Preserving Medicare and Social Security will require bipartisan effort


Last week, the Biden administration finally released the 2022 Trustees Reports for Social Security and Medicare. These annual reports to Congress — which detail the fiscal status of the Social Security Old-Age and Disability Insurance programs and Medicare Parts A, B, and D — highlighted the trusts funds for Social Security retirees and Medicare Part A are running out of money. While this year’s reports moved back insolvency dates for Medicare’s hospital fund and Social Security’s retirement fund to 2028 and 2035, respectively, we shouldn’t use an additional year or two of solvency as an excuse to delay action. Medicare and Social Security are complex, trillion-dollar programs that require bipartisan action to ensure they continue providing benefits to America’s seniors.

There are roughly 69.1 million Social Security beneficiaries in the United States and roughly 64.4 million enrollees in Medicare. These Americans — many of them our most vulnerable neighbors — rely on these programs, and it’s important we do everything we can to ensure the federal government makes good on its promise to provide these benefits.

The federal government spends money in two ways: mandatory spending happens automatically, and discretionary spending must be approved by Congress and the president — requiring debate about how much and where money is spent by government agencies. Social Security and Medicare are both mandatory programs, meaning these programs can spend their trust funds down to zero. Currently certain Social Security and Medicare programs are on track to do so. Failure to address each program in a bipartisan fashion will have real consequences for seniors.

If Congress fails to act before the Social Security Trust Fund reaches zero — meaning the Treasury must rely only on income payroll taxes to pay benefits — seniors will see their benefits automatically cut by nearly 25 percent. For a single retiree who receives a $1,600 monthly check, the national average, a 25 percent cut would reduce their payment to $1,200. For many who rely only on Social Security, this reduction of benefits would drag them dangerously close to the poverty line, even before factoring in inflation. While the benefits paid by Social Security are based on a beneficiary’s lifetime earnings, both programs pay current benefits from the incoming payroll taxes of current workers, meaning a 50-year-old who retires at age 67 in 2037 will have paid their full share of payroll taxes their entire working career, but will only receive partial benefits from Day One.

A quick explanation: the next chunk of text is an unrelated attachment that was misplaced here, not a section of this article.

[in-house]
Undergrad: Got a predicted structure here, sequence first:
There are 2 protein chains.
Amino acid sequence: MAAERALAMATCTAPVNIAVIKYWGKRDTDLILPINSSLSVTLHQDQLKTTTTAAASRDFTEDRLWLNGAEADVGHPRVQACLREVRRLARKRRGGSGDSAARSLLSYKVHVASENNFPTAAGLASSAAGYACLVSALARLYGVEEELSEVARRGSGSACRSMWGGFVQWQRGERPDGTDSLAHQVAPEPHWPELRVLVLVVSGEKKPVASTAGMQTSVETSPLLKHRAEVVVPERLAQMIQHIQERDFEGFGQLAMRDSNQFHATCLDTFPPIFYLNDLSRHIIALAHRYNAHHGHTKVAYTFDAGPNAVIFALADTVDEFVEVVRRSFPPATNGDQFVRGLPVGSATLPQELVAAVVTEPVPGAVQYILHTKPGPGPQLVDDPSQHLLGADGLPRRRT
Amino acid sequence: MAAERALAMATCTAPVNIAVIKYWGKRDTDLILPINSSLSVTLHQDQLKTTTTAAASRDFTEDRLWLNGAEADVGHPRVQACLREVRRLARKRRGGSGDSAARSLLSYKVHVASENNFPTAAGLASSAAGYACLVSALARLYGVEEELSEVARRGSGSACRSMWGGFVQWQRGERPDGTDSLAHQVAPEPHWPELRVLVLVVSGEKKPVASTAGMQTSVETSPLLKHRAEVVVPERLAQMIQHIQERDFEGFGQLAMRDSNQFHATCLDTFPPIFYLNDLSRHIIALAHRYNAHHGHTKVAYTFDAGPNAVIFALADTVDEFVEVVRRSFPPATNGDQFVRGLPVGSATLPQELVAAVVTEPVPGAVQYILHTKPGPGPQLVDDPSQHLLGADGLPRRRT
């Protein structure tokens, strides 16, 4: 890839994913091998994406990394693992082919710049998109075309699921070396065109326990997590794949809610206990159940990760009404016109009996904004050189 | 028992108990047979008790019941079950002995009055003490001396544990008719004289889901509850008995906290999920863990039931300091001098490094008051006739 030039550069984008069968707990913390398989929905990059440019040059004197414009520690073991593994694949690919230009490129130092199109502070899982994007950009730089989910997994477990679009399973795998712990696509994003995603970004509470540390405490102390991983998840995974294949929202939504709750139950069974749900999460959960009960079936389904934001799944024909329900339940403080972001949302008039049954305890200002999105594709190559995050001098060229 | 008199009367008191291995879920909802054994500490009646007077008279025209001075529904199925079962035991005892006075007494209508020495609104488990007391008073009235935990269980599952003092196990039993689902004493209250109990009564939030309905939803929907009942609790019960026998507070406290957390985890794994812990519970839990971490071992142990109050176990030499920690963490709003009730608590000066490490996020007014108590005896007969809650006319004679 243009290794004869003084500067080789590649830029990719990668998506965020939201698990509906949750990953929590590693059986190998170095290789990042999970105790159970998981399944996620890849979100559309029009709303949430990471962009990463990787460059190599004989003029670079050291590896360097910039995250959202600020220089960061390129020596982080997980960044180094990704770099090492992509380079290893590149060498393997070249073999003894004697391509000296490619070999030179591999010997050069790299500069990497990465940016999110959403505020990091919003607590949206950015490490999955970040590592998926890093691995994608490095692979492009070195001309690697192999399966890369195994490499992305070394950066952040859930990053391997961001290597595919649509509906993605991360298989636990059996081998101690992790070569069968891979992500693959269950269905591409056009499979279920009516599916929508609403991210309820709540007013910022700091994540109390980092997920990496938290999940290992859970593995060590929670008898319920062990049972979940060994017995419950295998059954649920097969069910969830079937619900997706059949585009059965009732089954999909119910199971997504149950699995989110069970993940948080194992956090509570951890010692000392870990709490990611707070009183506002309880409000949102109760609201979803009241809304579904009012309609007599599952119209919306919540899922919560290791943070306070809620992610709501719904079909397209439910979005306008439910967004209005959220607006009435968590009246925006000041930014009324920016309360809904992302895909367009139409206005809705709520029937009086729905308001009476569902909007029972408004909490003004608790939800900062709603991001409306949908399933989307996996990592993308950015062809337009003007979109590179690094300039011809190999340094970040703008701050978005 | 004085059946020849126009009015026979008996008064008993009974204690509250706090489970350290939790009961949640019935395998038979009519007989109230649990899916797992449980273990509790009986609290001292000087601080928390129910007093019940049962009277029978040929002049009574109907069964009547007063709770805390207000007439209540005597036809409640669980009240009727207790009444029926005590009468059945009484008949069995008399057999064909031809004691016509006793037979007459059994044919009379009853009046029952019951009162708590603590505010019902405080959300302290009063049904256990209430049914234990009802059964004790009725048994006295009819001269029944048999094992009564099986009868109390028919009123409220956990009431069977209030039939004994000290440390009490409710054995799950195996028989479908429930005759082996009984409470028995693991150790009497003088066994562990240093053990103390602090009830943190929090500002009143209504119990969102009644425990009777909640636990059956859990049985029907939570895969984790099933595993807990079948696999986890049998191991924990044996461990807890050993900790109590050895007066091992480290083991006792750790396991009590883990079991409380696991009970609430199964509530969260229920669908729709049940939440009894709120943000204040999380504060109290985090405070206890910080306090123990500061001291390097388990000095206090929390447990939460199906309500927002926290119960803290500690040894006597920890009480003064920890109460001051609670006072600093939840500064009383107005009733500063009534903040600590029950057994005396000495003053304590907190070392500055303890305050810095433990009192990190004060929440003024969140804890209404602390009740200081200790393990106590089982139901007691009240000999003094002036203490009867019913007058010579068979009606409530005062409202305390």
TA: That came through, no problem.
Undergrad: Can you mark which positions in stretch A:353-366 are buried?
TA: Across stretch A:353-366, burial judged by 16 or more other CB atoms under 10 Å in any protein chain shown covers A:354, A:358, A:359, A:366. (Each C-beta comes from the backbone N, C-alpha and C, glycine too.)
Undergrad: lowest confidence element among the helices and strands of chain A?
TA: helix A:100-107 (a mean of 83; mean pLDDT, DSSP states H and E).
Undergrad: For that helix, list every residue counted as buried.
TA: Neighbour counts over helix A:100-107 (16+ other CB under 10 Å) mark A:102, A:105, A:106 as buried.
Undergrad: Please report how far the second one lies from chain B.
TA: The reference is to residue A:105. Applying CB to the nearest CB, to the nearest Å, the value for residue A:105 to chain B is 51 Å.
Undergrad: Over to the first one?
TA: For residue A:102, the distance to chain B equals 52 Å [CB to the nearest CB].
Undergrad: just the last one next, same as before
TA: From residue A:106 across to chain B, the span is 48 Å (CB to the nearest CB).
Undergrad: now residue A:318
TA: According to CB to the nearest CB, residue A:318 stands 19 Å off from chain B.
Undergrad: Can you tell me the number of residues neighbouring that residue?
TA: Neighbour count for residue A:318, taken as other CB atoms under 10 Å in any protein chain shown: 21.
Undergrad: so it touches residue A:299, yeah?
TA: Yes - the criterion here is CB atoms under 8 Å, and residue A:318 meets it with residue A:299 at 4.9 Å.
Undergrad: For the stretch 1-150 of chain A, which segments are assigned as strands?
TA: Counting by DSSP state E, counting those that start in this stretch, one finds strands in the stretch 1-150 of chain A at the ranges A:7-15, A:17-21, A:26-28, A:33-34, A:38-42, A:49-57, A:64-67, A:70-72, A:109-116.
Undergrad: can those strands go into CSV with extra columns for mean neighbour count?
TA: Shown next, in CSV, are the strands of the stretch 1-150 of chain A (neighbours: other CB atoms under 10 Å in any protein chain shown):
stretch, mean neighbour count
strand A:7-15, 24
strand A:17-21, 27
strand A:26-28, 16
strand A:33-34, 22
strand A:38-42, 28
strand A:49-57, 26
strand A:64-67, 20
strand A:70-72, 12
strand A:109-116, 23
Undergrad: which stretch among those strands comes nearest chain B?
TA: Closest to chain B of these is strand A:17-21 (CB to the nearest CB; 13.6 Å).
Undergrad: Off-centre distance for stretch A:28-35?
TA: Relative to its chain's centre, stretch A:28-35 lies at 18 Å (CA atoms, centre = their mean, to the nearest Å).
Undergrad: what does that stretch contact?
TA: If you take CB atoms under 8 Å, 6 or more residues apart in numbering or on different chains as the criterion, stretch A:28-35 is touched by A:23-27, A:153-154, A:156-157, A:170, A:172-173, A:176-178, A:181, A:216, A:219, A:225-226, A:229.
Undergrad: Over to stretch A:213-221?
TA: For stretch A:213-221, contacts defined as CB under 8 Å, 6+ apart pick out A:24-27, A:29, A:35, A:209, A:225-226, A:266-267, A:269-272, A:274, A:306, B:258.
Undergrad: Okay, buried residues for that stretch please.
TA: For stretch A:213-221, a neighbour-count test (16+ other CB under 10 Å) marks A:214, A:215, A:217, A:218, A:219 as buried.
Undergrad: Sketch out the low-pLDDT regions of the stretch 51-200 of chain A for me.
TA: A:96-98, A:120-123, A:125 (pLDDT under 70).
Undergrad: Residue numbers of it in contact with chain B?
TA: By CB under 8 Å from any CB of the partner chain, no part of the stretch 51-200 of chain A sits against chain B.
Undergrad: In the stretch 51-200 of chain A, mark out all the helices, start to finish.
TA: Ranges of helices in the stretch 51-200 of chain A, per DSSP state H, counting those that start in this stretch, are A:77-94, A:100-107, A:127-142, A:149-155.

Although less tangible initially, allowing Medicare’s Part A Trust Fund to run out of money could also endanger seniors’ access to care by reducing payments to hospitals. These reduced payments would likely happen in one of two forms — either Medicare would only pay the percentage of each bill it had enough money to fund, forcing providers and hospitals to write off the rest, or it would only pay bills as funds became available — meaning a pile of unpaid bills would continue stacking up for Medicare, further endangering the program. Hospitals and doctors are not required to see Medicare patients, and many would be forced to stop accepting patients with health plans that don’t pay their bills.

Unfortunately, Democrats and the Biden administration are unwilling to take the impending threat to seniors seriously. The Biden administration continues to ignore a statutory requirement for the president to submit Medicare reform legislation to Congress when more than 45 percent of Medicare hospital spending is projected to come from general revenue, not its trust fund, within seven years. In a recent Ways and Means Committee hearing, I asked Health and Human Services Secretary Xavier Becerra if the Biden administration planned to meet this requirement — he said no.

Let me be clear: we must address Social Security and Medicare solvency in a bipartisan way. Both programs were created with bipartisan support, and no serious reform of the program has been enacted without both parties working together. No one is talking about eliminating Social Security or Medicare. We must, however, come to the table with serious solutions to ensure the federal government keeps its commitment to current and future beneficiaries. If we put partisanship aside and do the hard work now, we have options. The longer we wait, the fewer options we will have.

Smith represents Nebraska’s 3rd District and is a member of the Ways and Means Committee.

Tags Biden medicare social security social security trust fund

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